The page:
Microsoft will dole out an update to its Windows 8 consumer preview in a couple months.
Ray Tomlinson sent the first network email in 1971 and saved the now familiar "@" symbol from probable extinction.
For those bewildered by the privacy issues surrounding Facebook apps - and let's face it, who isn't? - there's a new FCC-endorsed service available to rate them.
It isn't quite to the level of Netflix, but Hulu Plus is certainly holding its own.
Well, bang goes the lazy journalist's version of research: a survey has found that a whacking 60 percent of Wikipedia articles about companies contain factual errors.
Web-based courses from Princeton, Stanford, the University of Michigan and the University of Pennsylvania are now available for free from start-up Coursera.
Apple's fighting back against claims that its newest data-center is a coal-guzzling blight on the planet - but Greenpeace isn't convinced.
Earlier today, millions of Gmail users were unable to check their e-mail.
A few solid details about Google's cloud-based storage service are starting to emerge.
We're getting a few more details about Microsoft's next-generation operating system.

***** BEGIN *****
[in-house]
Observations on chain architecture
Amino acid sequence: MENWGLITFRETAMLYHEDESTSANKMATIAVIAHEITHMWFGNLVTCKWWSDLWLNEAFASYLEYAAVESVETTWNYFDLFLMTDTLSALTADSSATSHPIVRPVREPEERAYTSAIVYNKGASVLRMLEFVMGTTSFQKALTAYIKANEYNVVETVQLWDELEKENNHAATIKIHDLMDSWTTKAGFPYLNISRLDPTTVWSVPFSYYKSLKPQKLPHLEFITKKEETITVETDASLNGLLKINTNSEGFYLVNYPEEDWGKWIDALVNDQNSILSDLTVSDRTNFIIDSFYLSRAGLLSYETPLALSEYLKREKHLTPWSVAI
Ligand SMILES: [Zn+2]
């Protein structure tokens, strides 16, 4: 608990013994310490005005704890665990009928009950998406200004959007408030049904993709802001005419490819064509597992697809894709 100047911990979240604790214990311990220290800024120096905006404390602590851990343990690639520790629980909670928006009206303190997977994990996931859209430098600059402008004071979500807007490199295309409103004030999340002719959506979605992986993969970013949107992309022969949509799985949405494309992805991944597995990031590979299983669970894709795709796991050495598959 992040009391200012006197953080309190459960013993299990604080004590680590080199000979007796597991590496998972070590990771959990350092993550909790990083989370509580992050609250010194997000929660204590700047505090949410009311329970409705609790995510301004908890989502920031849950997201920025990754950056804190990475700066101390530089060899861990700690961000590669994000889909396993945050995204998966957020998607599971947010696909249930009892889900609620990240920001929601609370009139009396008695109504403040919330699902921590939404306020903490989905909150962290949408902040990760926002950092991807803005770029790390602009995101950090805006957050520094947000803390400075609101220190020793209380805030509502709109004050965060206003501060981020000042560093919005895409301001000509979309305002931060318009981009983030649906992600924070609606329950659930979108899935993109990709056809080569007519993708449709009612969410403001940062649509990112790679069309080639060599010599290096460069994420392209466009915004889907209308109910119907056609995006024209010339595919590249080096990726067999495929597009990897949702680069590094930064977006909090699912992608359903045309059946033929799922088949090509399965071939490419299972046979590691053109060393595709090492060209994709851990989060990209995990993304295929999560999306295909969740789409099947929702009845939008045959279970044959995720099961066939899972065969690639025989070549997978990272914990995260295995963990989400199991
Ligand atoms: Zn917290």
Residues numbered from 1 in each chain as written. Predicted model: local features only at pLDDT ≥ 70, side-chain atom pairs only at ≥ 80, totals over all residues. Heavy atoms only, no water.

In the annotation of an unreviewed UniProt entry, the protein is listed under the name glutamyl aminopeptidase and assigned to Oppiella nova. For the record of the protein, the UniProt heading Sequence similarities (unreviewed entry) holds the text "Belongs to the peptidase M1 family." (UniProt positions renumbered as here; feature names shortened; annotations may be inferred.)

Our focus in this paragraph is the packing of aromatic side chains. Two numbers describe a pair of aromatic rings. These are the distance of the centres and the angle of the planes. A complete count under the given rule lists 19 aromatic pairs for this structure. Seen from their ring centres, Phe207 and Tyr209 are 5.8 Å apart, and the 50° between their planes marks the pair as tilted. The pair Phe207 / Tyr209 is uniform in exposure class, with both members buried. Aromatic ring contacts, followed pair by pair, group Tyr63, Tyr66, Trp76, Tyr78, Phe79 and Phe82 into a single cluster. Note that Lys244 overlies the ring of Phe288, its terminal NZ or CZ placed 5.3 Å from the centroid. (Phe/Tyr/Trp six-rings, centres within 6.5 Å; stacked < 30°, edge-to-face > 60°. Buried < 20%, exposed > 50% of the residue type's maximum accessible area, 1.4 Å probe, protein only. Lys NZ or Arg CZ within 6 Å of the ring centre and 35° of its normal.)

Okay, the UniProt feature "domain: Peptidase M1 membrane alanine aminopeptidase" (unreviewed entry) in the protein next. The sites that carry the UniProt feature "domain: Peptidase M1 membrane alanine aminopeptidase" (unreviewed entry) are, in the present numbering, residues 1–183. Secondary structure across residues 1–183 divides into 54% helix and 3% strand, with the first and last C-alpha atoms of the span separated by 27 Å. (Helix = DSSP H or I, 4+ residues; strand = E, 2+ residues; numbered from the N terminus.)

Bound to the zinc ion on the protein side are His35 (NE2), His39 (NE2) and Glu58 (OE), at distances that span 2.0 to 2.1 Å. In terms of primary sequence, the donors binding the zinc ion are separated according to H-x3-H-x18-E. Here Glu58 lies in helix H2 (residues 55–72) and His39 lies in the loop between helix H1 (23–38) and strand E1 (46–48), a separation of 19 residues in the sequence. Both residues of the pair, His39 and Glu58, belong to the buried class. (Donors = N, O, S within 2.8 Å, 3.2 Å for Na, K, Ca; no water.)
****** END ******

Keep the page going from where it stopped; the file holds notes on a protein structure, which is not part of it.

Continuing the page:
Typically, if you want to develop an application for the iPhone or iPad (iOS) you need to be a programmer. If you're not a programmer, your only other option is to hire a developer.
Facebook has today improved users' ability to see what information the company is holding about them - but hasn't gone far enough, according to privacy campaigners.
Google has tweaked its Google+ social network, claiming it's now more functional and flexible - but has riled developers by failing to give them any warning.
Another thing that used to be free can now start charging money.
Some techies are adamant about running Windows as their operating system of choice and would probably never even seriously considering loading another one.
It's time to start counting down.
With interest in the sinking of the Titanic reaching, well, titanic proportions, genealogy site Ancestry.com has released thousands of records online relating to the passengers and crew.
Apparently someone over at the Youtube offices in California thought that it would make a lot of sense if Web browsers needed to put on a pair of 3D glasses before watching the latest viral videos.
In just a few short months, a new name in social media has taken everyone by storm.
Unmanned Navy aircraft will soon be able to distinguish small pirate boats from other vessels, says the Office of Naval Research (ONR).